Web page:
Body Corporate Litigation – The Challenges
By Kim Lovegrove RML, FAIB, Senior Lawyer, Lovegrove & Cotton
Invariably body corporate management companies manage body corporates. It is not unusual for body corporate management companies to be non-arm’s length or the offspring of the developers that build the very developments upon which claims may materialise. Furthermore developers often retain sizable unit holdings in their developments, hence a developer could have a cluster of apartments in a given development. Where this occurs the developer often ensures that it has representation on body corporate management committees in which case the cluster can influence the selection of the strata management company.
Although this type of nexus augers well for the unit holding developer it can prove problematic for punters who own individual units as their influence may well be negligible. Hence the not infrequent chorus by individual unit holders that they don’t feel as if they are listened too.
Body corporates are ordinarily managed by body corporate committees and the committee interacts with the body corporate management company. In like vein it is not unusual for there to be a cluster of individuals or proxies on body corporate committees who have a stake in the proprietorship of a number of apartments. Although these may be rental properties said cluster owners are able to get onto the committees because of their status and standing as land lords.
Again the interests of such clusters or their nominees may not always be aligned with those of the sole owners. For this reason we have found that when there is a building malaise, typified by defective workmanship or waterproofing aliments, the resolve to prosecute a rectification claim of the disaggregated constituents may differ to that of the aforementioned cluster. And this is where the conflict of interest may present itself.
If the cluster can control the body corporate manager or the committee for that matter, by virtue of its majority representation, then rectification litigation can be paralysed. It is a given that a cluster of persons that were involved in the construction and sale of property will not be enamoured with the idea of being defendants in legal proceedings. They may well display an entirely different disposition when it comes down to the approach to rectification, the necessity of issuing legal proceedings, choice of consultants and rectification mythology.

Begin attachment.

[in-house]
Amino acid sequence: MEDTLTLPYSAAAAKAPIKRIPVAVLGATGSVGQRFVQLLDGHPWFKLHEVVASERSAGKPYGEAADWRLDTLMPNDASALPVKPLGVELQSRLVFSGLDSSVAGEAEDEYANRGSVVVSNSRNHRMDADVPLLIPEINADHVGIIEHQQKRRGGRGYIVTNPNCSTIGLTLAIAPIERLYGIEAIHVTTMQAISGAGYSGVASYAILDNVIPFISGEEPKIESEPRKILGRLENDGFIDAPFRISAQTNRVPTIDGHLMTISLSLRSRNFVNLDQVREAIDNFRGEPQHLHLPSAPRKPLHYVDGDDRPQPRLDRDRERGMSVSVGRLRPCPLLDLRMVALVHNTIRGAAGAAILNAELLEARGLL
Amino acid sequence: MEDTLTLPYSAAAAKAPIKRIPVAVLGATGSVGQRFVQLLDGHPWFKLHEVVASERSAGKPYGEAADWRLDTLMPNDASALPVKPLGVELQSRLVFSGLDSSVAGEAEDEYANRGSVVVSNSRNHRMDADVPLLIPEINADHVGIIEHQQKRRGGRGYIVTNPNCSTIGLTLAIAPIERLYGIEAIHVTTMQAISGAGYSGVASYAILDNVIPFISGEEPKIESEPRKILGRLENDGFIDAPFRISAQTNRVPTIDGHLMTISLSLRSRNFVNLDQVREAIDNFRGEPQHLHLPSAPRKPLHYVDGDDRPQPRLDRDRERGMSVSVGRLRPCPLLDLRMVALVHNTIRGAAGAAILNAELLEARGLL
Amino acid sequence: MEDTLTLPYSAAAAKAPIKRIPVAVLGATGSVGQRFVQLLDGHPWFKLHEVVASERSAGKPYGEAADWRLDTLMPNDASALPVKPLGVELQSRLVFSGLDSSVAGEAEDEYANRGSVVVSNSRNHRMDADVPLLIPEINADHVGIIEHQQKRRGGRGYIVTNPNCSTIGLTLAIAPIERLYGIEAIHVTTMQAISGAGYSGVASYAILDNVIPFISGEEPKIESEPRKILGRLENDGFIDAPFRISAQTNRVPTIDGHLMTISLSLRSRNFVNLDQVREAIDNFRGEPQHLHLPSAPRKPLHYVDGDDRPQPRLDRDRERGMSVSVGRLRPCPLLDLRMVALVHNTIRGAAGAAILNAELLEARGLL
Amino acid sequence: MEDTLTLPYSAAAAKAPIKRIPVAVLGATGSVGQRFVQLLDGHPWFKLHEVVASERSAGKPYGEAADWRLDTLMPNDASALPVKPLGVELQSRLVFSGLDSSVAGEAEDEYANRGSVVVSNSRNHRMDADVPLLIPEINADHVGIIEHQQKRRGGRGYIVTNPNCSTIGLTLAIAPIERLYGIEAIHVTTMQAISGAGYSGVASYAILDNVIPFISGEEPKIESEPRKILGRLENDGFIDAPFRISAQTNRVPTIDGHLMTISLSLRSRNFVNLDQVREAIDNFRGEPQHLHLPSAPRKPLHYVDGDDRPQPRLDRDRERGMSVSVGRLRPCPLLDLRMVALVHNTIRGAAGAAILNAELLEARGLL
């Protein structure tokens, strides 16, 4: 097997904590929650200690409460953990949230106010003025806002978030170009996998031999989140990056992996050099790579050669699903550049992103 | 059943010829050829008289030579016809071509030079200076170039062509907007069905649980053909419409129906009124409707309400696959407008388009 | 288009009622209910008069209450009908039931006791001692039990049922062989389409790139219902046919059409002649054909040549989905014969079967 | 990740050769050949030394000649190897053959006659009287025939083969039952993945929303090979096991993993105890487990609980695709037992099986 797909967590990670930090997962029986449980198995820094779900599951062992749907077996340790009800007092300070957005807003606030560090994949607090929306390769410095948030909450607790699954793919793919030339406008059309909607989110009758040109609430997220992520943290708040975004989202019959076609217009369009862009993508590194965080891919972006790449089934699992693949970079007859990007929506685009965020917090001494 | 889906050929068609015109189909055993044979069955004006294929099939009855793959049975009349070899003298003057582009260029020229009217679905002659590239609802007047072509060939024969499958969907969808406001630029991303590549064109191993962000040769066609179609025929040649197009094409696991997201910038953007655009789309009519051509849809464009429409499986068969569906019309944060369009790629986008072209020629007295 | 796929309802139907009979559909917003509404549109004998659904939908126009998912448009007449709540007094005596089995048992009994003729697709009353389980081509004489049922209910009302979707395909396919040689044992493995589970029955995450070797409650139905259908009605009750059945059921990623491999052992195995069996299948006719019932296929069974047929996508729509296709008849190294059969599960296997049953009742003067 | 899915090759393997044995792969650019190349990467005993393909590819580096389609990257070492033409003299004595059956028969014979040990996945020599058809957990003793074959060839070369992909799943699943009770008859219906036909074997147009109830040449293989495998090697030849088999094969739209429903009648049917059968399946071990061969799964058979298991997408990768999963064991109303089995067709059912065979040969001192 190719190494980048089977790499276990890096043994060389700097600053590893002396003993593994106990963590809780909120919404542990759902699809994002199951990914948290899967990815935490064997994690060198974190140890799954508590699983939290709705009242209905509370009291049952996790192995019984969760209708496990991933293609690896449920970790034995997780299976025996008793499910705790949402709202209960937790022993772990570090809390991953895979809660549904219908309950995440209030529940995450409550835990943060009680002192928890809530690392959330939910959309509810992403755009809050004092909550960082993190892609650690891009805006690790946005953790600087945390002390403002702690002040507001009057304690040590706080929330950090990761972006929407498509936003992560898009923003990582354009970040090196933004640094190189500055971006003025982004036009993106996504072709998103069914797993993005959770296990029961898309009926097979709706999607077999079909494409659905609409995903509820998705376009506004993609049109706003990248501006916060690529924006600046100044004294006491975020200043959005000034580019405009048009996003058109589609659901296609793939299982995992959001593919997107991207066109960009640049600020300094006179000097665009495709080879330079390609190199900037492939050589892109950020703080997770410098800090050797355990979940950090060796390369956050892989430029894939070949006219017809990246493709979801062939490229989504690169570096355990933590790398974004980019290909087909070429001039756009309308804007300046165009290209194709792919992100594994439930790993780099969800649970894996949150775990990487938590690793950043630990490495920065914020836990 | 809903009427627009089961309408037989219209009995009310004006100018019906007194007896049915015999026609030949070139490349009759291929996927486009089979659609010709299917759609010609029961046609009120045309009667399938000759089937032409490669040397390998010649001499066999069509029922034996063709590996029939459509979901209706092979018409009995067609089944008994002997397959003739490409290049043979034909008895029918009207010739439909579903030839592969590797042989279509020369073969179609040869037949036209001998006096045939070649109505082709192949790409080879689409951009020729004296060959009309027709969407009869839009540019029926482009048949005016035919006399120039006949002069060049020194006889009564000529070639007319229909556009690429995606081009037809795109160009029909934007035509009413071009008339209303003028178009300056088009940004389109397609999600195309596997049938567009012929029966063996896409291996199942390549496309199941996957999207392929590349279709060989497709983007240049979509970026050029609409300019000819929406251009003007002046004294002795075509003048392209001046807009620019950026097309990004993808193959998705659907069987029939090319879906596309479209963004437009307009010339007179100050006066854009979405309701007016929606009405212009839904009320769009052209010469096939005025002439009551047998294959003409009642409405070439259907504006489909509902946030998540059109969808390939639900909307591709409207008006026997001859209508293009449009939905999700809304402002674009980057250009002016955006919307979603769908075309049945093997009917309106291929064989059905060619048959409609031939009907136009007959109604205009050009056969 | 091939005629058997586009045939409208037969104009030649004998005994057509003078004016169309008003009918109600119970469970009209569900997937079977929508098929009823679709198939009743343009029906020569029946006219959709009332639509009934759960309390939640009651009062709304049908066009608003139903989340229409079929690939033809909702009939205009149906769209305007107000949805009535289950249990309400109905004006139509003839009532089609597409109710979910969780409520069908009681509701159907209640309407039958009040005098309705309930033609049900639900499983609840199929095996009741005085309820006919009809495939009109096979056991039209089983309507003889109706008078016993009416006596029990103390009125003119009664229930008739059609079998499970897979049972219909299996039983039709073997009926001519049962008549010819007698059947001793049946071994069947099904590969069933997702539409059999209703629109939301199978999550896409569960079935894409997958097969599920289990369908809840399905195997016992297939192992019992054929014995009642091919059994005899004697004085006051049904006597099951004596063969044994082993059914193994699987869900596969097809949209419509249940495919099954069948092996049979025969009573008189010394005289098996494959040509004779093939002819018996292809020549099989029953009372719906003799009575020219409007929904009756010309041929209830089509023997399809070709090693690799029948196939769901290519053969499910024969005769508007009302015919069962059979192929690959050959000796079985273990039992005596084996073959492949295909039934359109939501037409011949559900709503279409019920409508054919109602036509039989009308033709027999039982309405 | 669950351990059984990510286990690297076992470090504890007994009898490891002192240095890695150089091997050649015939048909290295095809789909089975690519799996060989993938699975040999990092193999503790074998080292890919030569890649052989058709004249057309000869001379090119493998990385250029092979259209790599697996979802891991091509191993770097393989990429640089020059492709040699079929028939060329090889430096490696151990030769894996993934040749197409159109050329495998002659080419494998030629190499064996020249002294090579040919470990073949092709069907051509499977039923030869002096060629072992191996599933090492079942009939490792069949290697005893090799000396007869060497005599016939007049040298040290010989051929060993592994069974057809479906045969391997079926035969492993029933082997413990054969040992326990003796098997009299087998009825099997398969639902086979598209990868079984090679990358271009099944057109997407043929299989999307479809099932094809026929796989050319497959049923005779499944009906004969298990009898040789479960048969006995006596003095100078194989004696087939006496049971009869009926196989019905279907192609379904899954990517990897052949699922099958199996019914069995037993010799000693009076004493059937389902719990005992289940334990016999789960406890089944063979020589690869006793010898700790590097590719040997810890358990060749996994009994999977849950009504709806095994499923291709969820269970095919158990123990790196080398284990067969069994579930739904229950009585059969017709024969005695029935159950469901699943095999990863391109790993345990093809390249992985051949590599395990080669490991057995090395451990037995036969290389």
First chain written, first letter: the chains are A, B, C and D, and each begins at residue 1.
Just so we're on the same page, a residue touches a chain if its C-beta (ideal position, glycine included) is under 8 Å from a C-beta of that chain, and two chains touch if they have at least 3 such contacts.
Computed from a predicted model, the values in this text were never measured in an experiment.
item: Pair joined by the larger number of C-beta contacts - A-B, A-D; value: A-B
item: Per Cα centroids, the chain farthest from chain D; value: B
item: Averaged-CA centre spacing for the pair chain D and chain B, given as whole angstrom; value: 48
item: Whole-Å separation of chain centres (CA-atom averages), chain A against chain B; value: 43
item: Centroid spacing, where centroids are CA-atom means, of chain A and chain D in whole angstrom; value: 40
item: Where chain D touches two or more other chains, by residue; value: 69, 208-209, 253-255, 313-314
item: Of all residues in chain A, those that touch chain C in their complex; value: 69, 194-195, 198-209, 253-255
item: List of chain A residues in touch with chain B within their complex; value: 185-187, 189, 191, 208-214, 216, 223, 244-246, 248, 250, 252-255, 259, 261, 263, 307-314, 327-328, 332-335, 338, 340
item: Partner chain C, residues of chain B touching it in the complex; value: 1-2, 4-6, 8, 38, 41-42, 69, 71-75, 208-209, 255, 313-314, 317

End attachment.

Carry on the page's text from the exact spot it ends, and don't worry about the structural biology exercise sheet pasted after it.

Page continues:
So it is important to recognise that in communities where there are those that comprise individuals that were responsible for the building of the as built product vis-à-vis the collective of un-aligned property owners there could well be real polarity of opinion and interests.
It is for this reason that body corporate litigation can be so cumbersome and unwieldy, somewhat akin to herding cats, or more precisely difference species of cats.
Body corporates only have jurisdiction to issue over that which is common property:
Individual unit holders also have to understand that the body cooperate only has jurisdiction to issue legal proceedings with respect to common property. This stems from the division of ownership which occurs after the building is completed. Unit owners have title to individual units, but the Body Corporate is responsible for common property. Defects which affect the whole building are usually within the bounds of common property.
Conversely, the body corporate does not have jurisdiction to issue legal proceedings with respect to that which comes within the curtilage of the individual unit holders property. So there is very little point in pressing for the body corporate to seek redress over matters such as defective internal work, be it internal plumbing, quality of finish or durability of internal items. The BC simply doesn’t have jurisdiction and in any event, may not have the will.
The Additional complication of Nuisance Claims
Nuisance claims come in all sorts of guises and manifestations, excessive noise, water proofing and water ingress. We even had conduct of a matter where there were noxious aromas wafting through the neighbourly fraternity. These claims invariably can generate a number of co-defendants. The “usual suspects” of builders, developers, engineers and architects may be in the loop. But also if per chance the water egress emanates from an apartment above, excessive noise or noxious aroma from the adjoining unit holder(s) then they can be sued for nuisance. In circumstances where the perpetrator of the nuisance is sued, there is every chance that he or she or it will join one of the above mentioned unusual suspects as a third party or co-defendant.
So how does the punter or a community of punters approach litigation in an endeavour to seek redress for fraught construction
They may wish to act totally independently of the body corporate. The disaggregated group of property owners may aggregate and consider initiating a class action. To do this there would need to be commonality of victims, suffering from a common aggravation, where the aggravation is perpetrated by a common foe for want of a better word. This way one can get every on the “same page” and there will be one tribe of individuals that share a common set of aspirations rather than two tribes at odds with one another.
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